SoCal Regionals: What It’s Like to Fight in a Video Game Tournament

Contributing Paragraph from Hokan Lo: The first SCR kicks off with an explosion day of mashing and fighting game mayhem. The first day consisted of qualifying rounds with a double elimination format (players are knocked out after 2 losses). Super Street Fighter IV entrants competed for a whopping $10,000 cash prize pot. Blazblue: Continuum Shift had a $1,000 prize pot graciously donated by Aksys games. Other tournament titles included Super Street Fighter II Turbo: HD Remix, Tekken 6, Street Fighter III: Third Strike, and Marvel vs Capcom 2.

Among the tournament were sponsor booths promoting the latest games and accessories. Hori, Madcatz, Aksys Games all had fantastic prizes for top-placing competitors. Seth Killian from Capcom USA provided a playable build of the highly anticipated Marvel vs. Capcom 3. SNK Playmore made an appearance with their latest build of King of Fighters XIII on Free Play for fans to try out. This latest build removes the infinities and attempts to patch the game breaking bugs found in the launch version.

As with tournament as huge as SCR, international players are a common sight: Emerging from an impressive 4th place at this year’s Evolution2k and 1st place at the recent Season’s Beatings in Ohio, GamerBee from Taiwan makes an appearance. Daigo “The Beast” Umehara, arguably one of the greatest street fighter players to live. Called by many names, Murderface, Iceman, renown player Tokido. And last but not least veteran Sakonoko who made his name during the days of Vampire Savior (DarkStalkers in the US).

An Intense Atmosphere: Last weekend was the SoCal Regionals and a big weekend for fighting game enthusiasts. Warriors came and put their blood, sweat and tears down to test their mettle and for a chance for some sweet prizes. Prominent among the games were Super Street Fighter 4 and Blazblue Continuum Shift. SSF4 was one the most intense things to watch, where single rounds came from a minute blocking mistake, or an incorrect yomi. Salty runbacks happened, and the crowd threw up their hands along with Rufus as he smashed his opponents with Space Opera Symphony. Watching this, I could only imagine the pressure and the feeling one gets from getting up on that stage and pulling off some very impressive victories. I participated too, although I fought in the Blazblue Tournament. I made it to the second round of the winner’s bracket before facing a foe in a league of his own. My Hazama went up against Mike Z’s Tager.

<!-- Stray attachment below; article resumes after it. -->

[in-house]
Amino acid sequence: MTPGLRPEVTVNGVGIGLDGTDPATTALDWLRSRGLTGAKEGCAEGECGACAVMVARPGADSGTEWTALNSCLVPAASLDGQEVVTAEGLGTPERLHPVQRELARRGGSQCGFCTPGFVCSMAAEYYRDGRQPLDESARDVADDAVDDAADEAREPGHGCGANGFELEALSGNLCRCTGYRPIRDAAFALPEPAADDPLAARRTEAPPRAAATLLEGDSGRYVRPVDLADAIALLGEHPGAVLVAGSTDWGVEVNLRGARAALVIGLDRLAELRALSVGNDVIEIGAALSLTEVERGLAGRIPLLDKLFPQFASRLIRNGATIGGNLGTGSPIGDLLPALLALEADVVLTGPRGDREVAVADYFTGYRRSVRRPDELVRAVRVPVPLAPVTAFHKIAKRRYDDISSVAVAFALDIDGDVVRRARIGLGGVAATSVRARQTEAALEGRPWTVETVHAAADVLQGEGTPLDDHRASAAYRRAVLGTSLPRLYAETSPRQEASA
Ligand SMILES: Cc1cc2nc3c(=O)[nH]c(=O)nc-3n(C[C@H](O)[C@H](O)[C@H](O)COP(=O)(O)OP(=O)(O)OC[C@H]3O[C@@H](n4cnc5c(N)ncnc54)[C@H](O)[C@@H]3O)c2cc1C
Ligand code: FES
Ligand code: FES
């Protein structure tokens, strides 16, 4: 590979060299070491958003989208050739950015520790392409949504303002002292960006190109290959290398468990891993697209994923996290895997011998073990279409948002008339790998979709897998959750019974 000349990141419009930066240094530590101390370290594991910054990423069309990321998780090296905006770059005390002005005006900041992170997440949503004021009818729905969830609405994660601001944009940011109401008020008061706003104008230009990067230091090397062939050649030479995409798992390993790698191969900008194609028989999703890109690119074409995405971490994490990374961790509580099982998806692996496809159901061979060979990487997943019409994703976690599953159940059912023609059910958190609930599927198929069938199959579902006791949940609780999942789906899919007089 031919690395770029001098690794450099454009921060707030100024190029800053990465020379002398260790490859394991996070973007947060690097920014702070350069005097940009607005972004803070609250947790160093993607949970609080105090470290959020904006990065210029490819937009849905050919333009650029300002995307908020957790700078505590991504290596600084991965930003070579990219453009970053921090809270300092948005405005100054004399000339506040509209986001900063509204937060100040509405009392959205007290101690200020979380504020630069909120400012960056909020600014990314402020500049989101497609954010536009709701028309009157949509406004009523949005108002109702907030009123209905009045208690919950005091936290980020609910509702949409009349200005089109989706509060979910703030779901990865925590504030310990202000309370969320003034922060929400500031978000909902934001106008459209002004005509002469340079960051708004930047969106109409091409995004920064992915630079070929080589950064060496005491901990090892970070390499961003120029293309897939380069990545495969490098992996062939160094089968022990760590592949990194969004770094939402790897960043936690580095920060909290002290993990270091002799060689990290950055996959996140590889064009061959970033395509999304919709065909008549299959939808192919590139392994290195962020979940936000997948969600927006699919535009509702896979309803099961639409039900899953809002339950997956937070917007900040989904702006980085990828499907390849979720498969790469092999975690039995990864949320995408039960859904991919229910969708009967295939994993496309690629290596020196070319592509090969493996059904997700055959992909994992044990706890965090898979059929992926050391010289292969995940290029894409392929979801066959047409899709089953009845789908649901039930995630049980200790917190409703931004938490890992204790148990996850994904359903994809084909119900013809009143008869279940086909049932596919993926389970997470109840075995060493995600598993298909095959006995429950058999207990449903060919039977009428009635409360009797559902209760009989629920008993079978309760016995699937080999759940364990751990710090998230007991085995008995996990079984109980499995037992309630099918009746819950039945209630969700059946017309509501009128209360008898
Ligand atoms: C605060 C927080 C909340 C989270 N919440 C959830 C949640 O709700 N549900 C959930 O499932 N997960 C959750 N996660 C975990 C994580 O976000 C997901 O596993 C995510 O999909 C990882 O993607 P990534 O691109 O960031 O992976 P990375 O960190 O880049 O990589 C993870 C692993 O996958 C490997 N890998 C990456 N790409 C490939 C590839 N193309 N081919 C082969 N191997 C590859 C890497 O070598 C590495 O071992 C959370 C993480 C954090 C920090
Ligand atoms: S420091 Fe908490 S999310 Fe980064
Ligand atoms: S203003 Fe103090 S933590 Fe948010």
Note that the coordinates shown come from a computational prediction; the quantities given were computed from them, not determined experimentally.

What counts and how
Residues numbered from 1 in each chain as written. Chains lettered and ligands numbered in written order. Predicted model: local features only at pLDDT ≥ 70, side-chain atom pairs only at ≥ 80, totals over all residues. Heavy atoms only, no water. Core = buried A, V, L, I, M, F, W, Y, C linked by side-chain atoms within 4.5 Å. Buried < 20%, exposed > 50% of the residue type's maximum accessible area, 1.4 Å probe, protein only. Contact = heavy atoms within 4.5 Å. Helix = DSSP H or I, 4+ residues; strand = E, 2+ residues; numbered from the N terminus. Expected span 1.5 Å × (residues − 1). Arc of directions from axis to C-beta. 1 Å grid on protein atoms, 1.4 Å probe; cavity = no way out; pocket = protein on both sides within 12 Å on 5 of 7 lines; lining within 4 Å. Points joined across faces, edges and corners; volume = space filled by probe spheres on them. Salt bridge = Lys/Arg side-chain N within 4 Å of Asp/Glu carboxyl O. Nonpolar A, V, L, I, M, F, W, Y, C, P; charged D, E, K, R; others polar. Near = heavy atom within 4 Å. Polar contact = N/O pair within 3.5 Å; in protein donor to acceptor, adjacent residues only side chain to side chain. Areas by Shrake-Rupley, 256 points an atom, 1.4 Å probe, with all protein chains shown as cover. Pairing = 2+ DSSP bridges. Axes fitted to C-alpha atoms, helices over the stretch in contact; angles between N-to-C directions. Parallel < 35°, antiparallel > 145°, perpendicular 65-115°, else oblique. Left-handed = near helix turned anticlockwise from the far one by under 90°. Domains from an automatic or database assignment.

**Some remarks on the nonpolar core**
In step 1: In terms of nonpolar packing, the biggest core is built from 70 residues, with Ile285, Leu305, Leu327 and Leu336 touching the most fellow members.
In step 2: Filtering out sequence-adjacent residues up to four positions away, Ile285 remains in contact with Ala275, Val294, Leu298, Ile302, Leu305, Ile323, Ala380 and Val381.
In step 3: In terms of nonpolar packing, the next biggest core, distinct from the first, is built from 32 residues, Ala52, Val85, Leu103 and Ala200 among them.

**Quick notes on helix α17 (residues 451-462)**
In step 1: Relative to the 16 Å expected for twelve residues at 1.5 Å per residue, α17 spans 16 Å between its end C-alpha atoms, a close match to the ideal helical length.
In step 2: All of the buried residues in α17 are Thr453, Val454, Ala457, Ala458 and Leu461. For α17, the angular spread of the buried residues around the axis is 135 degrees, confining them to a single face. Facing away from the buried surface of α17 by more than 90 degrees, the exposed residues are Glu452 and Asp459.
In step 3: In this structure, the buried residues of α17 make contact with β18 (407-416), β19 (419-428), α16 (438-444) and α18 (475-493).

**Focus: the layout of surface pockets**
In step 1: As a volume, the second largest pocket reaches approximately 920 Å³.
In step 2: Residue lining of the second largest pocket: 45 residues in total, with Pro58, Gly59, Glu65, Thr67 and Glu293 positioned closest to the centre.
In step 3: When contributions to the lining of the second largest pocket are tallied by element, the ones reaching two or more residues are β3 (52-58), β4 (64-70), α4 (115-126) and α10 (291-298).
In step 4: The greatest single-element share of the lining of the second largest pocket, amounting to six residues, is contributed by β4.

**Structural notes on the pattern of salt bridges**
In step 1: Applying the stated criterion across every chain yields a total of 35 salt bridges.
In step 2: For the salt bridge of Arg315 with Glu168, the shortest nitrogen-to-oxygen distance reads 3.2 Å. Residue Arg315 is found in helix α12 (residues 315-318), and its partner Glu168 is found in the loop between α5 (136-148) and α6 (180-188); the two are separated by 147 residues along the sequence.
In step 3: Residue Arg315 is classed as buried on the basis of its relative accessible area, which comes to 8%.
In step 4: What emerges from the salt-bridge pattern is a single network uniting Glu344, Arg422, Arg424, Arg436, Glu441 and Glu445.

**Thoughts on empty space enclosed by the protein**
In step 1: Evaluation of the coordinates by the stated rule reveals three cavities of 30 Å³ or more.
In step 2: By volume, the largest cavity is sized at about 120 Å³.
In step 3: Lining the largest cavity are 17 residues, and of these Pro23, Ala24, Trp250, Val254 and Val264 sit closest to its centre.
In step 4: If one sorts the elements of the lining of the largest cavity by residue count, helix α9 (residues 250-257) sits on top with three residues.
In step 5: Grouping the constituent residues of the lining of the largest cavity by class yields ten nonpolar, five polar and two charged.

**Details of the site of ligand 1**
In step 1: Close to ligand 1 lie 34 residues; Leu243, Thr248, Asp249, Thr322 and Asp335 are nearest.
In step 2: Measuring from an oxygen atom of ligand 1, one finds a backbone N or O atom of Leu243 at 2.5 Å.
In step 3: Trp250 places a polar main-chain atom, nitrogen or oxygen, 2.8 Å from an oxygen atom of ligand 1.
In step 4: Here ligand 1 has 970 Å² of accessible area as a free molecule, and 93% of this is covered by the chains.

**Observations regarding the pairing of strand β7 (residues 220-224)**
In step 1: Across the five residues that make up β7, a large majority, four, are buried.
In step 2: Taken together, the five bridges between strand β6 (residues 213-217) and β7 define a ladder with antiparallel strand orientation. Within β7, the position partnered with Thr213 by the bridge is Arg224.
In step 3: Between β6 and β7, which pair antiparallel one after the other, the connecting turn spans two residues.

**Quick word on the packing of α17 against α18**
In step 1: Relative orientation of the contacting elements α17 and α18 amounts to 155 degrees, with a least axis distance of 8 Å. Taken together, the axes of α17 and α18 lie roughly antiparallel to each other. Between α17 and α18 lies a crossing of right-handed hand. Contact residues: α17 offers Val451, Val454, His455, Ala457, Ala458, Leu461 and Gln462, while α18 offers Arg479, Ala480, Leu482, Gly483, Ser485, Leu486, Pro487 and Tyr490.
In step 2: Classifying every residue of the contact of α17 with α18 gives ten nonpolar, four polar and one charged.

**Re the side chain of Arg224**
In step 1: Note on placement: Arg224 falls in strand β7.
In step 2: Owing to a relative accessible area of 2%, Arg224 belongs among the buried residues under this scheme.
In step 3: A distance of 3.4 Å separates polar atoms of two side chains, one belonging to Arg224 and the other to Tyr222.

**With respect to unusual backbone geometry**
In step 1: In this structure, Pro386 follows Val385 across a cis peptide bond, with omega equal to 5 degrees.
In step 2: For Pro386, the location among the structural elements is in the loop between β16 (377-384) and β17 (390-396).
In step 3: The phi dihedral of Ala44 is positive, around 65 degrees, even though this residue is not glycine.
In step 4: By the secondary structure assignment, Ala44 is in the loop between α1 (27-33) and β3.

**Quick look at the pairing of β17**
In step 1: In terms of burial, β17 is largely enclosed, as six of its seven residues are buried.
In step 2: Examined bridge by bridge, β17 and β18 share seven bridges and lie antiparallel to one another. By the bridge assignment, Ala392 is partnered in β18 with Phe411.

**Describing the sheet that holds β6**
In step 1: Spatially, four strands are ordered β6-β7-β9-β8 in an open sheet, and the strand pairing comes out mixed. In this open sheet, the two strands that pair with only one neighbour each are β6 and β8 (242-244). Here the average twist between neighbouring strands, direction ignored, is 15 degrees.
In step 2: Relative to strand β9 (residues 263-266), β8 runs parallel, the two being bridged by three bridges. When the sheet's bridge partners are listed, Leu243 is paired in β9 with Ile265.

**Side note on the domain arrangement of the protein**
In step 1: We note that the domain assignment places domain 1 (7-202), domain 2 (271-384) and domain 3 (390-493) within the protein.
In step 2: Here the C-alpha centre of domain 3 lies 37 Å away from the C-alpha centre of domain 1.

[youtube]http://www.youtube.com/watch?v=mr3iESteqDU[/youtube]

For those who have never fought on a stage, in front of people, while other top players commentated and made jokes, the pressure can be overwhelming. I certainly felt it. I dropped combos that I had practiced a hundred times in training mode. I missed things that cost me rounds. I even threw out a ridiculously unsafe super for an incorrect yomi, and paid dearly for it. He knew things I hadn’t thought of. Yet, I won a round. Me, a player who had never been in a tournament before, took a round off of what is arguably one of the best U.S. Tagers, and maybe even one of the best U.S. players period. That made everything entirely worthwhile. I fought immediately afterwords, and lost to a pretty good opponent in the loser’s bracket. However, I was still shaking from my fight with Mike Z. My hands shook, I dropped my controller. I was proud. I had given a top player a run for his money, instead of the easy win I was expecting to be for him. He shook my hand after his win, and told me I was pretty good. Dacidbro, a top Bang player, gave me pointers. They were a welcoming community that had no problem teaching those up and comers. I eagerly anticipate the next tournament that they participate in, because I want another chance. Now that I’ve felt it, I will be ready for the pressure.

The point of that was simple. I’m not making excuses for myself. I genuinely lost. I can’t argue, can’t complain. He was better than me. I succumbed to an atmosphere I had never felt. However, it was one of the best experiences I’ve ever had as a gamer. I enjoyed my match with him, and I encourage any fighting gamer to go to at least one tournament, and take their character into the ring with a serious mindset of wanting to win. Even if you don’t, even if you come dead last, the people and things you can learn from them and the experience will be well worth it.

As you may know, FilipinoChamp took the SSF4 tournament over an impressive victory of Daigo “The Beast” Umehara. Tokido projected the Akuma symbol on his back after an impressive ultra victory. Justin Wong’s Rufus pulled of some impressive turnarounds. For any gamer interested in fighting games, I implore you to go to a tournament. It may be one of the most defining moments of your life as a gamer.

P.S.: For the love of God, choose your bursts against Mike Z. I had a straight-up nightmare about the end of that match.

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